Two players stood out. No prizes for guessing their identity - Cantona and Ruud Gullit. When Gullit is involved Chelsea's play goes from monochrome to colour. Only Hughes and, sometimes, Wise, are on his wavelength and it was another of those days when he must have wondered what he was doing here. The support play was so lazy it seemed his presence gives others an excuse for evading responsibility.

He played everywhere, always with positive intent. His best spell was in midfield where he underlined that he is no dilettante, seeing out the autumn of his career for a final pay-day. His sublime passing is always evident, he now revealed an impressive work-rate. Combined with his anticipation and ability to ride a tackle (at one stage he held off Butt and Cole), it briefly swung the game.

By then (early second half) Cantona was tiring. He was peripheral throughout but whenever he was involved United had a sharper edge. He featured in three of their four goals and provided the pass when Scholes hit the bar a minute after the break.

Scholes was widely seen as the player to make way for Cantona. He has responded by scoring so heavily he cannot be omitted. On Saturday his finishing was in the Robbie Fowler class. After three minutes Cantona distracted Chelsea as Gary Neville's deep cross came in and Scholes volleyed in from 15 yards. Six minutes later he thumped home after a sweeping move had sent him clear.

That whole move was a peach. United patiently strung 21 passes together, drawing Chelsea on to them, before Nicky Butt passed waist-high to Cantona. He killed the ball dead with stunning technique, spotted Scholes being played onside by Frank Sinclair, and slipped the perfect pass. It was a team goal, even Cole, not involved, had played his part. His presence, his pace, had induced Sinclair to give himself a yard and thus sit deep and betray the offside trap.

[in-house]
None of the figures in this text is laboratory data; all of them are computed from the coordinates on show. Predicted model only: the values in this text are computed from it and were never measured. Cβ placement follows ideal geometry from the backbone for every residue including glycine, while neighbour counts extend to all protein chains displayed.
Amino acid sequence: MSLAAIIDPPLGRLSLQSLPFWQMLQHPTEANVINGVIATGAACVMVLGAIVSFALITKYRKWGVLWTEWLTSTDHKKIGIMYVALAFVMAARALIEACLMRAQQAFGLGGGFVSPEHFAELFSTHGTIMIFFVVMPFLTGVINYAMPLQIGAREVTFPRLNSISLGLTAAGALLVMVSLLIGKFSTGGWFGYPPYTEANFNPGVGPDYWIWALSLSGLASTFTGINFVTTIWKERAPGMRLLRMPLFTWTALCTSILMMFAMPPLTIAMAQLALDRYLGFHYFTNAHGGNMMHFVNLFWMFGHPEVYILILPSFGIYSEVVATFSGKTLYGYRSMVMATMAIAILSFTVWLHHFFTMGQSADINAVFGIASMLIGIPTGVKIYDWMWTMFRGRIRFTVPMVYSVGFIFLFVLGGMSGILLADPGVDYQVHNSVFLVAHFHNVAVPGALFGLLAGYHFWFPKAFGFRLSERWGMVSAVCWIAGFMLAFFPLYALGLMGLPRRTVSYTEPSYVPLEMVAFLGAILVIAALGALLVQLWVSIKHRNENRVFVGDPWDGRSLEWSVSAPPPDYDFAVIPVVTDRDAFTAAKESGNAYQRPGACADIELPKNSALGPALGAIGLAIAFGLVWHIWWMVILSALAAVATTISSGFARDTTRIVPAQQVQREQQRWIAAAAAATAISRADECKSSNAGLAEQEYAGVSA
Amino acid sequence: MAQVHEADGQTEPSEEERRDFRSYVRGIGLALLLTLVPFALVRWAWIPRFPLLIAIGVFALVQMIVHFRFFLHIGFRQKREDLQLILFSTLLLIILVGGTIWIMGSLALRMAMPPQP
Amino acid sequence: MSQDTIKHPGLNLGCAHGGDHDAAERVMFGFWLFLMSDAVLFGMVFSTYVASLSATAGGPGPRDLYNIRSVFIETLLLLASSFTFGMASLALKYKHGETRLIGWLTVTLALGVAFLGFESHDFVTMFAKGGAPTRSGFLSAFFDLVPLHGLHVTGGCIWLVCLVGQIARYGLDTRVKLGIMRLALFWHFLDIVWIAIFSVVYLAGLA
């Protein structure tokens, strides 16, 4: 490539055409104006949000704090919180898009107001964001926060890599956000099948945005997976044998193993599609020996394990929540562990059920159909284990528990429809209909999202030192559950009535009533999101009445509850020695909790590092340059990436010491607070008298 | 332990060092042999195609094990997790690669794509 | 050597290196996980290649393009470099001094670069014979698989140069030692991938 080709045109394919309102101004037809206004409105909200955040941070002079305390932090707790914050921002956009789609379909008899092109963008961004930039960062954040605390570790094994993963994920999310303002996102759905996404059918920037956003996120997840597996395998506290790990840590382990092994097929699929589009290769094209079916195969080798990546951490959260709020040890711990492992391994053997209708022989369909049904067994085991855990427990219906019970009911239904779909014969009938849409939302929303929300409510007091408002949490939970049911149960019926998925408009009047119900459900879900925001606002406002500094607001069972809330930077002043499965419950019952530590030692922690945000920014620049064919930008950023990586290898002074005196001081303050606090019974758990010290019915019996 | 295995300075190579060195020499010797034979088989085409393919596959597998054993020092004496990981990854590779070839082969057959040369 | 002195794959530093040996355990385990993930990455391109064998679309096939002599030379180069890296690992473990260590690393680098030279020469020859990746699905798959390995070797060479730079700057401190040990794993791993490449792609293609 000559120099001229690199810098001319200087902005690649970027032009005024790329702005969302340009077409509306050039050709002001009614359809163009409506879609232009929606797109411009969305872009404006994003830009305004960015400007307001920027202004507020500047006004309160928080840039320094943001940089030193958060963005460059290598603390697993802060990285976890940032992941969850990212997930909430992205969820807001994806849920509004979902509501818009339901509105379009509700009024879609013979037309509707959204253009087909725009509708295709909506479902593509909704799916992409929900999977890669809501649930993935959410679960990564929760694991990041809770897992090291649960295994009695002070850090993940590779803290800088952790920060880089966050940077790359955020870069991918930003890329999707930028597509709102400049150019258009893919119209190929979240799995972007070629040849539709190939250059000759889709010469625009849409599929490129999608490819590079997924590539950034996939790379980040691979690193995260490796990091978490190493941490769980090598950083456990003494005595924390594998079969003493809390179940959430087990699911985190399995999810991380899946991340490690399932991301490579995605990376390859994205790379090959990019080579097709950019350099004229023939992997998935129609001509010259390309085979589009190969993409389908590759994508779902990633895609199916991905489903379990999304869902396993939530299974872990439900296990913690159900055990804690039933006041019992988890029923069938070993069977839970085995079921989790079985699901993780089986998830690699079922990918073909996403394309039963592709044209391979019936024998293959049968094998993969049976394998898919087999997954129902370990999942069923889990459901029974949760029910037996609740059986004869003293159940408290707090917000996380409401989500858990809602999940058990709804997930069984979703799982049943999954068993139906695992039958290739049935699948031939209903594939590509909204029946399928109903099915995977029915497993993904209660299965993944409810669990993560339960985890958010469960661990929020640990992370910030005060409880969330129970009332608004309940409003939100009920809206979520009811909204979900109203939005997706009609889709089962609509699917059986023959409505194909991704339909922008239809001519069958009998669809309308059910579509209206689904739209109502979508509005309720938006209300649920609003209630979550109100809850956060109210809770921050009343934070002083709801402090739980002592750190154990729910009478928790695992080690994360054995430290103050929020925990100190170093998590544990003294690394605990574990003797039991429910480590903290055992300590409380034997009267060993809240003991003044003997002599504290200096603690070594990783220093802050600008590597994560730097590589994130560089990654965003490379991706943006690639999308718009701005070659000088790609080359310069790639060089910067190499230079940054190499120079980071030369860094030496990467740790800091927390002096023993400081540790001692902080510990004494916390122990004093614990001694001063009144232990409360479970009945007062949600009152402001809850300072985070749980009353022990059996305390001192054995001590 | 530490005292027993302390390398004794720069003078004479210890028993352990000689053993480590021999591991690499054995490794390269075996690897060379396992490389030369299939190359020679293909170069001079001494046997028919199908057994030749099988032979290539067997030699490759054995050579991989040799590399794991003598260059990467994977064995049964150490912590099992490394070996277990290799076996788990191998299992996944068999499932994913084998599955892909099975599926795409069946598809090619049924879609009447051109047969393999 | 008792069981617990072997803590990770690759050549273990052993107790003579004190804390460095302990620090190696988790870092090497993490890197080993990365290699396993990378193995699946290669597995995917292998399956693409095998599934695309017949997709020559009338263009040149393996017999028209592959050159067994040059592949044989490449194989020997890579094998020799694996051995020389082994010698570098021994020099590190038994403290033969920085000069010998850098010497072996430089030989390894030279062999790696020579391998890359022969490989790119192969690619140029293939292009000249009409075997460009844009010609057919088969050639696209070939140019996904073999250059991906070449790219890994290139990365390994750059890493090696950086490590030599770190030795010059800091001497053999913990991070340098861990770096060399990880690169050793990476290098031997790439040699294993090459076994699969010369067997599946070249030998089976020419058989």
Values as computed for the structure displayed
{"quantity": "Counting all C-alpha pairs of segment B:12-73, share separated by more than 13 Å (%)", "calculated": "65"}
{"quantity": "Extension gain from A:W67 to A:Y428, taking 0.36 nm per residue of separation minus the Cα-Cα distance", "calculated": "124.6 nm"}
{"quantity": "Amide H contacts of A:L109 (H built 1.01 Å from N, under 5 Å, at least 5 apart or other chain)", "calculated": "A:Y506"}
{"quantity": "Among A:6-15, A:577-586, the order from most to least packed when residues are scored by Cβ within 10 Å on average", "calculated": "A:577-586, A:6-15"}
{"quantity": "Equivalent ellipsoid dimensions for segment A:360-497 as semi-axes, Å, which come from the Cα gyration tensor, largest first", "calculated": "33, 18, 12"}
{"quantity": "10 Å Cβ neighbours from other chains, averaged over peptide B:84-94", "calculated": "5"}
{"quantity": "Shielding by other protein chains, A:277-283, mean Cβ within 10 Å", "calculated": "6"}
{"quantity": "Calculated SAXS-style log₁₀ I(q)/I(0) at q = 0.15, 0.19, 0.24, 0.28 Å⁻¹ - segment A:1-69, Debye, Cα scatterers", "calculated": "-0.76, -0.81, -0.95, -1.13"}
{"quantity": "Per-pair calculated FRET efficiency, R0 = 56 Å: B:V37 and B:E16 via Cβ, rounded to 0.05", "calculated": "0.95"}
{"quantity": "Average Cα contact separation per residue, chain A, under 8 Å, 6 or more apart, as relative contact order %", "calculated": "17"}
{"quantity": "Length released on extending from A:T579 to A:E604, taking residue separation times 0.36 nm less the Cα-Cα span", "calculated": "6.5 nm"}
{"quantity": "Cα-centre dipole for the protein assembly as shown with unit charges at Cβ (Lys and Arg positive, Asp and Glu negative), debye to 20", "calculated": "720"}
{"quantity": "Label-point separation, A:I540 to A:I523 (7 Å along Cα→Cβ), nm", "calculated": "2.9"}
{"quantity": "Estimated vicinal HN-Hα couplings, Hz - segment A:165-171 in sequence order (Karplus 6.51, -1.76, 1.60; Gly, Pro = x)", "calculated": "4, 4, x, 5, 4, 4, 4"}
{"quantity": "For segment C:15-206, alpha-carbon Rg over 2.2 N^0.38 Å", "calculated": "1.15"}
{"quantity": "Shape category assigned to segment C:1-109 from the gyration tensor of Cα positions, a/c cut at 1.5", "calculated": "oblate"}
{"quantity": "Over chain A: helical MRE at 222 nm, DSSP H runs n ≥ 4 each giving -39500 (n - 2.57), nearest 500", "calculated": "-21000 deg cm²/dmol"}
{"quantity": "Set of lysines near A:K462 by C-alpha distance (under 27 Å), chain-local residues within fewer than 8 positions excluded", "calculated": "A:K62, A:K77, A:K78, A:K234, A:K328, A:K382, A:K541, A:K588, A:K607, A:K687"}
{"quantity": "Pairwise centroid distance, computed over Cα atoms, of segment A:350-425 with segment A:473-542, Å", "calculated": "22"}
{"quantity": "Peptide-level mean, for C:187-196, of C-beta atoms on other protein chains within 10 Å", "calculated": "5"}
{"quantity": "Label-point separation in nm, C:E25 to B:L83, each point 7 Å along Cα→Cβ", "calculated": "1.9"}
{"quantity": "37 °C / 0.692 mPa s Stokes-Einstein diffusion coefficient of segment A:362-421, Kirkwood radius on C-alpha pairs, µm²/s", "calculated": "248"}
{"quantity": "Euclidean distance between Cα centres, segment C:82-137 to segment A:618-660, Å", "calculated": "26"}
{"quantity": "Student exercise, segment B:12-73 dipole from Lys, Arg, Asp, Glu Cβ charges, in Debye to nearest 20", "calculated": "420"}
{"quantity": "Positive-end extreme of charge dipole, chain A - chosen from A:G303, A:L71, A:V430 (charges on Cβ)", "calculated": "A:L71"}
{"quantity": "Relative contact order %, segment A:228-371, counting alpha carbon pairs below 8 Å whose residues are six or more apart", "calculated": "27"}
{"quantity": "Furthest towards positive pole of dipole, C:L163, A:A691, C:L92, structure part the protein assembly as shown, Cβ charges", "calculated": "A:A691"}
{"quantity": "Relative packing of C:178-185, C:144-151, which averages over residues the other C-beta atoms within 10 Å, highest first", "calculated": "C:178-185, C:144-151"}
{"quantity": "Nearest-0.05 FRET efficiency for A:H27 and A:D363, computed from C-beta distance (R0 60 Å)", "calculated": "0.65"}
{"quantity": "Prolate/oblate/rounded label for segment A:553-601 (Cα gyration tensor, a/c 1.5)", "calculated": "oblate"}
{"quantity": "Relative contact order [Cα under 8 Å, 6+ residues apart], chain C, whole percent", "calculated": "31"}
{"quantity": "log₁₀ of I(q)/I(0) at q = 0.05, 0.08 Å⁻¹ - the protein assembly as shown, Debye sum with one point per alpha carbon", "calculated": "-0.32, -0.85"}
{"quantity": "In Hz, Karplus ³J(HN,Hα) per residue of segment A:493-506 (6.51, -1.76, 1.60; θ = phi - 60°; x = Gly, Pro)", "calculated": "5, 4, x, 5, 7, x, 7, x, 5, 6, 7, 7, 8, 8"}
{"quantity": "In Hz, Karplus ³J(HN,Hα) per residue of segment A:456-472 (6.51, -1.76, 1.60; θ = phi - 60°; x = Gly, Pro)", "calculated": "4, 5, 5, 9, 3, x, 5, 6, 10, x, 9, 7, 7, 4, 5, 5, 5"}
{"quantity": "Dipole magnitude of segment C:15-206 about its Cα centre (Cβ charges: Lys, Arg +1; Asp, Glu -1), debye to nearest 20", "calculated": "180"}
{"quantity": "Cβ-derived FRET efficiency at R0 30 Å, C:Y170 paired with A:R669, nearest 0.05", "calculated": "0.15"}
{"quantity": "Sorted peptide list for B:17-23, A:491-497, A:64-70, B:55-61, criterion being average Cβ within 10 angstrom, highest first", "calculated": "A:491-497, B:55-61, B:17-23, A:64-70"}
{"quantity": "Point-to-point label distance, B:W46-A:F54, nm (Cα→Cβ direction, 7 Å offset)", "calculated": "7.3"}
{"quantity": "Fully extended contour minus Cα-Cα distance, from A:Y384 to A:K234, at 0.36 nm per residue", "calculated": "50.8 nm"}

United eased up and Gullit dragged Chelsea back into the game. Their 75th-minute goal was a long time coming, partly because the final ball had too often been casual. This time Sinclair played a careful pass in to John Spencer, his chip was headed down by Paul Furlong for Hughes to volley in.

Chelsea were roused but, four minutes later, Giggs doused Sparky's spark. Having run at Steve Clarke from the half-way line he skipped past him in the box to score. Then Denis Irwin found Keane on the left and the ball was switched across the Chelsea backs, from him to Cantona, Cole and McClair with a swiftness and accuracy rugby league's finest handlers would be proud of.

Cantona almost brought up a half-century of United goals, in his 100th appearance, but he let Neville's fine pass run away from him in the final minute. It would have been terribly unfair on Chelsea, who also lost Sinclair, dismissed for an ugly lunge on McClair a minute earlier.

It was also consoling to see that even the finest technicians are prone to error in the Premiership's hurly-burly. The difference is, we are surprised when it happens to them.

Goals: Scholes (3) 0-1; Scholes (9) 0-2; Hughes (75) 1-2; Giggs (79) 1-3; McClair (85) 1-4.

Chelsea (3-5-2): Kharin; Johnsen, Gullit, Sinclair; Clarke, Wise (Burley, h-t), Newton, Peacock (Spencer, 63), Myers; Furlong, Hughes. Substitute not used: Hitchcock (gk).

Manchester United (4-3-2-1): Schmeichel; G Neville, Bruce, Pallister, Irwin; Butt, Keane, Giggs; Scholes (McClair, 79), Cantona; Cole. Substitutes not used: Sharpe, Beckham.

Referee: A Wilkie (Chester-le-Street).

Comments